It's kind of like the battery phenomenon for electronic devices. If you keep the device (yourself) constantly charged (ie constantly filled with food), then you actually degrade the amount of charge the battery (your digestive system) can hold for you. The battery (your digestive system) needs to be used to power your device (you) without being plugged in at least occasionally, and even let to rest without being plugged in (fed) from time to time.
Not that you need to do this ALL the time, but recharge periods where you allow your digestive system to rest are a good idea. See Mark's series on fasting for more info about this.
For [B]me[/B] grazing leads to increased appetite, increased cravings and eventually weight gain.
It wasn't till I cut down to 1 or 2 larger daily meals, that I was finally able to lose 30+ lbs. and reach what I consider to be pretty much my goal weight and body composition.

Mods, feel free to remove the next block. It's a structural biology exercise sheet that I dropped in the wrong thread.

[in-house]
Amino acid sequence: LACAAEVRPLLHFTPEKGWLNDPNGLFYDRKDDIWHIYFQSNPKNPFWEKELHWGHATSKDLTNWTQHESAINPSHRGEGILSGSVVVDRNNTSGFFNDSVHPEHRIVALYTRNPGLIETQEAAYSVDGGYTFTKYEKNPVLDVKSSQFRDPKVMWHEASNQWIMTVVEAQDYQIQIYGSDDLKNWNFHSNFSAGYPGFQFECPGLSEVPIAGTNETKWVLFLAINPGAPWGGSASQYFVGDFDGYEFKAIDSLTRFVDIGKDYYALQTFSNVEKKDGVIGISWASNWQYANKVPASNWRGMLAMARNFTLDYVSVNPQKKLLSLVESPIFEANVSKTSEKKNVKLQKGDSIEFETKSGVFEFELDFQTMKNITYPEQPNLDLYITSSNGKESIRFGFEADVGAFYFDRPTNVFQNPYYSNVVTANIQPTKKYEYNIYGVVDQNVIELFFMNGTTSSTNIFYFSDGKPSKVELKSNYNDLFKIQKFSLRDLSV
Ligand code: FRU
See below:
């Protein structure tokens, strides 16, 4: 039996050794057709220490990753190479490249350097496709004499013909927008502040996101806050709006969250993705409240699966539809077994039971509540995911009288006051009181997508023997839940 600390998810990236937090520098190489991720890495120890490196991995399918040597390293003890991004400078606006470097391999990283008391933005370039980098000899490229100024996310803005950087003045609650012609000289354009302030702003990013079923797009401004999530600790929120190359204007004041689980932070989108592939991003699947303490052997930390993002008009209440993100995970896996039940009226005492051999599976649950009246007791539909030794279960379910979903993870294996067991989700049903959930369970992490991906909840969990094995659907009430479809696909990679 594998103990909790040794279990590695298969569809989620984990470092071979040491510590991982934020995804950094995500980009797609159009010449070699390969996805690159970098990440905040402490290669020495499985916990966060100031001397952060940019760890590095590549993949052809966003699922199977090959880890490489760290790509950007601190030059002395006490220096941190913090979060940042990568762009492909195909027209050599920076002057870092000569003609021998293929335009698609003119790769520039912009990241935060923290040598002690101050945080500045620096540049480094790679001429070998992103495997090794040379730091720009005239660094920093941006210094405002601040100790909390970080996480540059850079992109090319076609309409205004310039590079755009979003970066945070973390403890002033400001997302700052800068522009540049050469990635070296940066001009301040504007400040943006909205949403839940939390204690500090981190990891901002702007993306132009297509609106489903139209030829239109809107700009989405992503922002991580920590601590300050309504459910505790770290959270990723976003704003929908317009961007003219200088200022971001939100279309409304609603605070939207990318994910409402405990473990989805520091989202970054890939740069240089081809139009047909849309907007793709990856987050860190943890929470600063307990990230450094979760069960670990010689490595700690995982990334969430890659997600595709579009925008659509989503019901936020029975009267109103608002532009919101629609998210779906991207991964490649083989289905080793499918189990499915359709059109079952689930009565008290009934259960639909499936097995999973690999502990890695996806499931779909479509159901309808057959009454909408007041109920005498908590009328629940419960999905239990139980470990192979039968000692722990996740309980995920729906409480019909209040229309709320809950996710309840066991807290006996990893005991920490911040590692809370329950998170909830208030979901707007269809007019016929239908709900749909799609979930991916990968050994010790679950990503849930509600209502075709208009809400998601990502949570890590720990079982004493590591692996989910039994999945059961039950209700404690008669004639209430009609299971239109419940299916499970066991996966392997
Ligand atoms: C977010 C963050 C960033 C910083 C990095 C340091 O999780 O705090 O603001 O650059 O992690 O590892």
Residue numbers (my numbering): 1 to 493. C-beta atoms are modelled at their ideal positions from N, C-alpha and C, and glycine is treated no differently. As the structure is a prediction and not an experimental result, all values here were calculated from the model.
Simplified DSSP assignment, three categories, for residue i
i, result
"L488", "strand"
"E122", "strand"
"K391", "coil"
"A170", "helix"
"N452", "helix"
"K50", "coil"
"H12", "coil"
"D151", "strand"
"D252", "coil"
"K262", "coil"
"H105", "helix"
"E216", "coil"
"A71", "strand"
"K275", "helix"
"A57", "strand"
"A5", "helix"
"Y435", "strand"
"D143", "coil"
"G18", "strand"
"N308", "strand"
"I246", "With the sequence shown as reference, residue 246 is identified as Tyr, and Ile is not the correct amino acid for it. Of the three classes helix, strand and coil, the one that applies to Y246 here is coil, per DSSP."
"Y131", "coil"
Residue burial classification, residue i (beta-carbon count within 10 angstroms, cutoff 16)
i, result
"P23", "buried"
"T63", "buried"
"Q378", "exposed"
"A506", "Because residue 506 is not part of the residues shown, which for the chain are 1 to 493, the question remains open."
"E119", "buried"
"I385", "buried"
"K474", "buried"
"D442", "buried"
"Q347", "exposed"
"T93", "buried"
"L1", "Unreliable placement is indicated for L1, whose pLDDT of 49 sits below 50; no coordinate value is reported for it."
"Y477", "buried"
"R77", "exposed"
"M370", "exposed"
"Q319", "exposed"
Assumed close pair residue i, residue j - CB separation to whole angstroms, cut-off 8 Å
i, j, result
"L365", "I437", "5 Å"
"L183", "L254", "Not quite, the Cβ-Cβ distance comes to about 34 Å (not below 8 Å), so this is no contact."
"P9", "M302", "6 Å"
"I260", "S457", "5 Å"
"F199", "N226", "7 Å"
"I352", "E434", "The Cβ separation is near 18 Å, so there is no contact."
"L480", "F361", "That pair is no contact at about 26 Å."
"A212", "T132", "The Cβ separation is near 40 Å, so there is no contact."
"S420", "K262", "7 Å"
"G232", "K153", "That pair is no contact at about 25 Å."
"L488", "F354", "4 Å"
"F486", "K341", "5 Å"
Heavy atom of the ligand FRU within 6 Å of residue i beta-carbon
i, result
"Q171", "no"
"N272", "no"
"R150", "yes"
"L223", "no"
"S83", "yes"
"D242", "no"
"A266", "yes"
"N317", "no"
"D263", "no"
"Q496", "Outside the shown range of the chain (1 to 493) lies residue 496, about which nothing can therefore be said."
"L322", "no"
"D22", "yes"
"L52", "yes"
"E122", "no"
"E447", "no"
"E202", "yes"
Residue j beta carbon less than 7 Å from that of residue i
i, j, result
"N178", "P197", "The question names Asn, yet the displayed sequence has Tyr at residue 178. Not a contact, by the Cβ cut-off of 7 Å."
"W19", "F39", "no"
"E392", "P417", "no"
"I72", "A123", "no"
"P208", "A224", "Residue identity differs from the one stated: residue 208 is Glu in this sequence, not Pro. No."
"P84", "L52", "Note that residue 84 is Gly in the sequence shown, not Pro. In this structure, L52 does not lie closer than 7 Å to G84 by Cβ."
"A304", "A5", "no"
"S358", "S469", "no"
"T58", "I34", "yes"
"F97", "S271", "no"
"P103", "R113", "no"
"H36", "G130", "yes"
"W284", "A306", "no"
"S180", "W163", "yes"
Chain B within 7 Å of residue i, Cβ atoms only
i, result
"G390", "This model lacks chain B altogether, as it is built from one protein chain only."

But if a person is able to have reasonable caloric intake with 6 or 7 small meals, then they will probably be okay. Me, not so much.
Grazing is not god or bad by itself, it all depends on the total context of your diet. Many people, me included, can skip an early breakfast and graze on a few raw vegetables, a piece of low fat cheese when hungry and later eating a larger dinner, without being in danger of getting the metabolic syndrom or whatever. Grazing may work or not work, even for weightloss, but it also depends on various parameter, like the rest of the diet, what you are grazing on and how much, and also the individual. If grazing on a handful of raw broccoli makes you go binging, well then maybe grazing is not for you anyway...